Vladimir Putin is well into his second and final day of a trip to China during which he was hoping to sign a long-sought gas deal with Beijing. There’s no sign of white smoke so far and if the Russian president leaves empty handed it would be a serious blow.
Gazprom has repeatedly said negotiations are in their final stages but it seems there has been no agreement yet on price and Moscow may have to lower its sights given the prospect of it losing business in Europe, which has been spooked into considering how to secure its energy needs elsewhere in future, has rather strengthened Beijing’s negotiating hand.
There has been a lot of talk in Russia about a pivot to the east but some analysts say that could never fully compensate for lost business with the West and if the China gas deal which could be worth $400 billion or more does not come to pass the strategy will look hollow. Late on Tuesday, a Putin spokesman said negotiators from both countries have been unable to bridge differences on price.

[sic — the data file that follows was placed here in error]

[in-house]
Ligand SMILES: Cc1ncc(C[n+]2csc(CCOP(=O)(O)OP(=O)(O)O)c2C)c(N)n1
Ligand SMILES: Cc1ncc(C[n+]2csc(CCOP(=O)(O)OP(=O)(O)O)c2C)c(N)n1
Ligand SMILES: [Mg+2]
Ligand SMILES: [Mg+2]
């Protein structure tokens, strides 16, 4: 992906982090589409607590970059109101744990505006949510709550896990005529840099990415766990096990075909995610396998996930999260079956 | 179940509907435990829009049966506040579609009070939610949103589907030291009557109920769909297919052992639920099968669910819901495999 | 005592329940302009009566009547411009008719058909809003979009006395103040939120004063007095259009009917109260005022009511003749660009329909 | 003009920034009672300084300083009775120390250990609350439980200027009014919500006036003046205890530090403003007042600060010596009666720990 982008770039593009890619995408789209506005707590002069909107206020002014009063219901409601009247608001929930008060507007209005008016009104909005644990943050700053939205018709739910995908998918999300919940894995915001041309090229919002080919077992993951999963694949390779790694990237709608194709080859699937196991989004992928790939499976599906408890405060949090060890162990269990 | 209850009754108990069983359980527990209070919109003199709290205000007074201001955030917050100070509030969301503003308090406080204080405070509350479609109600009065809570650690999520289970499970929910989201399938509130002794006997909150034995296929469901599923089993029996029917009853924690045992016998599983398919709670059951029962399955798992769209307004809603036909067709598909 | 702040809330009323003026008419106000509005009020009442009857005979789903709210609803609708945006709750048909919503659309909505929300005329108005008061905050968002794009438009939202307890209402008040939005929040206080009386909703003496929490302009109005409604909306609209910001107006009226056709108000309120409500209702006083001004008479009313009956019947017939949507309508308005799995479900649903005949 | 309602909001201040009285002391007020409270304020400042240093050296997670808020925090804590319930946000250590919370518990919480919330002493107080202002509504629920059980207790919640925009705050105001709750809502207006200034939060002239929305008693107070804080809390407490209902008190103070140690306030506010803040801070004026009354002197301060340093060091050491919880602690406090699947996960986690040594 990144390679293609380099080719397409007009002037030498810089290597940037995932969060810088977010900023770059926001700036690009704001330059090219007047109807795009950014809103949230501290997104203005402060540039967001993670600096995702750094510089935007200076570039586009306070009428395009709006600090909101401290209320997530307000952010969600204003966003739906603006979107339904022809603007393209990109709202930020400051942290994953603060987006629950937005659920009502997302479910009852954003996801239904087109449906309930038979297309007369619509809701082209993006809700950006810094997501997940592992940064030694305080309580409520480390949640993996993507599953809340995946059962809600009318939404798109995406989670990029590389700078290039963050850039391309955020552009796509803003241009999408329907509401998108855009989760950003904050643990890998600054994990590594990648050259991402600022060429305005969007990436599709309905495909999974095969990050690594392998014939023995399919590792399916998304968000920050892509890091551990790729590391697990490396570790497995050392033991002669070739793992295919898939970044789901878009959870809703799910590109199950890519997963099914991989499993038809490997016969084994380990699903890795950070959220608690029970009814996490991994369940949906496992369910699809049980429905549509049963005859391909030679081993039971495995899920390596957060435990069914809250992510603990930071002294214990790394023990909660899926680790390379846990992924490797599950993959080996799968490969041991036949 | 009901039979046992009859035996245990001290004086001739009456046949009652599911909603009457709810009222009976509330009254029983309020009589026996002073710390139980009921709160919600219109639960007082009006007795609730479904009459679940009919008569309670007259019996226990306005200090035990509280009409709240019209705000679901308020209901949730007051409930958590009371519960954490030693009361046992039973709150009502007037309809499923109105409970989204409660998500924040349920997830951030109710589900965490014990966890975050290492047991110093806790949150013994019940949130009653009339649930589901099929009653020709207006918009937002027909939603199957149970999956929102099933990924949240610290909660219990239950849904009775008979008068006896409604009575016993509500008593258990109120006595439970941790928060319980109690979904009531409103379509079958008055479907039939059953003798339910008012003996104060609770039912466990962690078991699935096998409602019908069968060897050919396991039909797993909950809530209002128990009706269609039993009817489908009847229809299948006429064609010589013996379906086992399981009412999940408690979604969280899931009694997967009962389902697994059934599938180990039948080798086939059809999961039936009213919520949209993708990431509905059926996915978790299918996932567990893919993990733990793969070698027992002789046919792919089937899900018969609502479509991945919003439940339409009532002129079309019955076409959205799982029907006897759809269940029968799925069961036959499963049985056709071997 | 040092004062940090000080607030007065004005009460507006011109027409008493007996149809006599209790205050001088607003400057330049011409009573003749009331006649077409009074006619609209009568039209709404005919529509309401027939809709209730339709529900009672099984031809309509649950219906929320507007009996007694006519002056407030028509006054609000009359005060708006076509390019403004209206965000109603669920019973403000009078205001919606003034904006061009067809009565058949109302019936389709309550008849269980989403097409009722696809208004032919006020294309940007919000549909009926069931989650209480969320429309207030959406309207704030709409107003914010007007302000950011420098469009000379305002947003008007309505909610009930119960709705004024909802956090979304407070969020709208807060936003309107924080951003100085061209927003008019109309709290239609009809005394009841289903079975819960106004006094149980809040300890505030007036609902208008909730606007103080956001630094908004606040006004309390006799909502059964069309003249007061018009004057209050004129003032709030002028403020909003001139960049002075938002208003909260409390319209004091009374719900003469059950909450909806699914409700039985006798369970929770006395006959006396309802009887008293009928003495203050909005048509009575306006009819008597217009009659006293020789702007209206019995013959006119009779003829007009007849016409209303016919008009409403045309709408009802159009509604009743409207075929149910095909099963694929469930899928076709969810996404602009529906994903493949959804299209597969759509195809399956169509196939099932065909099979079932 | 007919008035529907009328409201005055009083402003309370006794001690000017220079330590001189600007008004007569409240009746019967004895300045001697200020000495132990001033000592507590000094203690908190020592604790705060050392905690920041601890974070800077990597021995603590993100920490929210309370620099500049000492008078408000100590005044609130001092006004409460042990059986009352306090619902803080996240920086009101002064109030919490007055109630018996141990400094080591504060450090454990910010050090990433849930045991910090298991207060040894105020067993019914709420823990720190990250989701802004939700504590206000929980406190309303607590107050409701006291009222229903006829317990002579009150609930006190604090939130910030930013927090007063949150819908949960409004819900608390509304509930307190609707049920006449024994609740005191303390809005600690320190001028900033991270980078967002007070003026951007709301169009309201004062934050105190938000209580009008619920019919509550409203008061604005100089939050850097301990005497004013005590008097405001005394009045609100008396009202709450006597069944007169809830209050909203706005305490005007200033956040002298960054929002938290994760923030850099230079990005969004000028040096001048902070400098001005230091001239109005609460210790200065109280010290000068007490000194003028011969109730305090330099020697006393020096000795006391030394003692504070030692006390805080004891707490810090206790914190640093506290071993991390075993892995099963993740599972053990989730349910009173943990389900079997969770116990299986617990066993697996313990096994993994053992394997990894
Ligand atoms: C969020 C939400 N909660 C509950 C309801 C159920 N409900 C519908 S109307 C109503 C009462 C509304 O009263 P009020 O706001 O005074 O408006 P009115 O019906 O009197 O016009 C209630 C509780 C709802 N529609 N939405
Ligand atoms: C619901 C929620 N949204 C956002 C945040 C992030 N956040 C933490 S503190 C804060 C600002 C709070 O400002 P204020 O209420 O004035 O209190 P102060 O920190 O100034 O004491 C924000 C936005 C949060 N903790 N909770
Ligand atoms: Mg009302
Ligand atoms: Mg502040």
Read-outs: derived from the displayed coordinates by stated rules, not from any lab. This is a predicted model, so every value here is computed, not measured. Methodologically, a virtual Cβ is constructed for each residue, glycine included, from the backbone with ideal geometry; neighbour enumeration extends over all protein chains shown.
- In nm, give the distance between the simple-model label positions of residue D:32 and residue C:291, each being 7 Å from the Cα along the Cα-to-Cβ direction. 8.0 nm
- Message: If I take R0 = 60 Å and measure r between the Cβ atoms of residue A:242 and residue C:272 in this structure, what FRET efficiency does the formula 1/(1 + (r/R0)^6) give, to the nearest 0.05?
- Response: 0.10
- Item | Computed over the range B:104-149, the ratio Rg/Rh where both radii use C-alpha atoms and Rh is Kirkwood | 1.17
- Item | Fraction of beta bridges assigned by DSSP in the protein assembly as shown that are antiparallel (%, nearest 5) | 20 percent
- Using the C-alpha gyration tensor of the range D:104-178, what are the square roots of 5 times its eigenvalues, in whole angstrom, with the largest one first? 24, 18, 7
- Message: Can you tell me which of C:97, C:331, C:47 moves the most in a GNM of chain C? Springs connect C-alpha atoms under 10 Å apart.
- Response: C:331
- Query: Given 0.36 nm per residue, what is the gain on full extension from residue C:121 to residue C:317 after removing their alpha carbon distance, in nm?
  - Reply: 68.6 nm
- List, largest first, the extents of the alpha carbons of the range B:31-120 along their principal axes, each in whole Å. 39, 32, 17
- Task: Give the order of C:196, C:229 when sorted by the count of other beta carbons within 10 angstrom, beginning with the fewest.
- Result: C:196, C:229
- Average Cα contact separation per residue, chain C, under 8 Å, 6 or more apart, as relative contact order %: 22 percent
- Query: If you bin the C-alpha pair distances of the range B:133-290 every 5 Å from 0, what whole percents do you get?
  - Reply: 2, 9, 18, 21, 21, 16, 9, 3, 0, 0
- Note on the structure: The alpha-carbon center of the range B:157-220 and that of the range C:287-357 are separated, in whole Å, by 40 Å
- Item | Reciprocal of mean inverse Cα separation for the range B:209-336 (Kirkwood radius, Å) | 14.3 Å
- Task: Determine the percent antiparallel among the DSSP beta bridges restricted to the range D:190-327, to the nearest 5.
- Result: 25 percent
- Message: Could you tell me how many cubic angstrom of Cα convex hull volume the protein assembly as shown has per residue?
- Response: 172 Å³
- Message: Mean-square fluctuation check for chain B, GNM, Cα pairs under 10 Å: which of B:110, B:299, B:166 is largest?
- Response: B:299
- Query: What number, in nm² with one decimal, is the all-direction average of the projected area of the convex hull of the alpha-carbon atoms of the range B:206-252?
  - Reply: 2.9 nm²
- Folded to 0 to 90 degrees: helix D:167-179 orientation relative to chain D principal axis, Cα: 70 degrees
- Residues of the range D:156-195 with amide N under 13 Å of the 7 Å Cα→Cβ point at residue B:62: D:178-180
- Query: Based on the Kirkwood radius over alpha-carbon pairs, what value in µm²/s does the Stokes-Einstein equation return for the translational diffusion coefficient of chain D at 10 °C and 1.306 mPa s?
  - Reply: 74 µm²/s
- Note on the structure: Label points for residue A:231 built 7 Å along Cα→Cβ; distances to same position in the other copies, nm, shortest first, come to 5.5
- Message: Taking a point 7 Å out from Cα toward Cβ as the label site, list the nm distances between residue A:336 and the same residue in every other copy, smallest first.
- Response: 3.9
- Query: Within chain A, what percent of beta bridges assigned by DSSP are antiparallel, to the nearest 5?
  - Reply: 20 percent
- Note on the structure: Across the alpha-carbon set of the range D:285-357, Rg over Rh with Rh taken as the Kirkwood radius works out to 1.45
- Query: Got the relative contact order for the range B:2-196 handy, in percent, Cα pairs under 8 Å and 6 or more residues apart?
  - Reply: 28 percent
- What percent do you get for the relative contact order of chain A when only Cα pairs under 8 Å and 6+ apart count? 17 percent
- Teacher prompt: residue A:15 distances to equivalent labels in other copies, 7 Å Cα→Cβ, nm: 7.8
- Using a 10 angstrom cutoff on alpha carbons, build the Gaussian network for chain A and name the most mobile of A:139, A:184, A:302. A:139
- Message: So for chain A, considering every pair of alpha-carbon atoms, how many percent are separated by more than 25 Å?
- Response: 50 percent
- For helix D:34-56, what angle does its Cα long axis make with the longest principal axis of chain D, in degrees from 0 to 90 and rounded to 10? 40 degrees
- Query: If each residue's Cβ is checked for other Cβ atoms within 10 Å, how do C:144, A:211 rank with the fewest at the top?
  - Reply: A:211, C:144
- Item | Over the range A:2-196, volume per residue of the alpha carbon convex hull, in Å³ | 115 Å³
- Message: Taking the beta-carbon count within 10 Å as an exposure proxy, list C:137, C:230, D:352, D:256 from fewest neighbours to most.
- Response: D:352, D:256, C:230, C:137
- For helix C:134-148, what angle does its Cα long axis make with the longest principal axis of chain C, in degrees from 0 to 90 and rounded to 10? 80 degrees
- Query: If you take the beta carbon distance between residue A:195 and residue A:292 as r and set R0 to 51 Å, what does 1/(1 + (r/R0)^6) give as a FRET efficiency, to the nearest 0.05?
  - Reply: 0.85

Expectations had run high that Putin’s China visit would seal a contract under which state-owned Gazprom would supply China National Petroleum Corp with 38 billion cubic meters of natural gas a year for 30 years.
It could be that something will be announced at Putin’s St. Petersburg economic forum later in the week but whether it is definitive remains to be seen.
How the deal, or lack of one, will shape Russia’s attitude to the West, particularly over Ukraine, is difficult to read. In the short-term, there are signs of conciliation with Putin saying he had ordered Russian forces massed on Ukraine’s border back to base and offering some rhetorical support to Sunday’s election of a new Ukrainian president.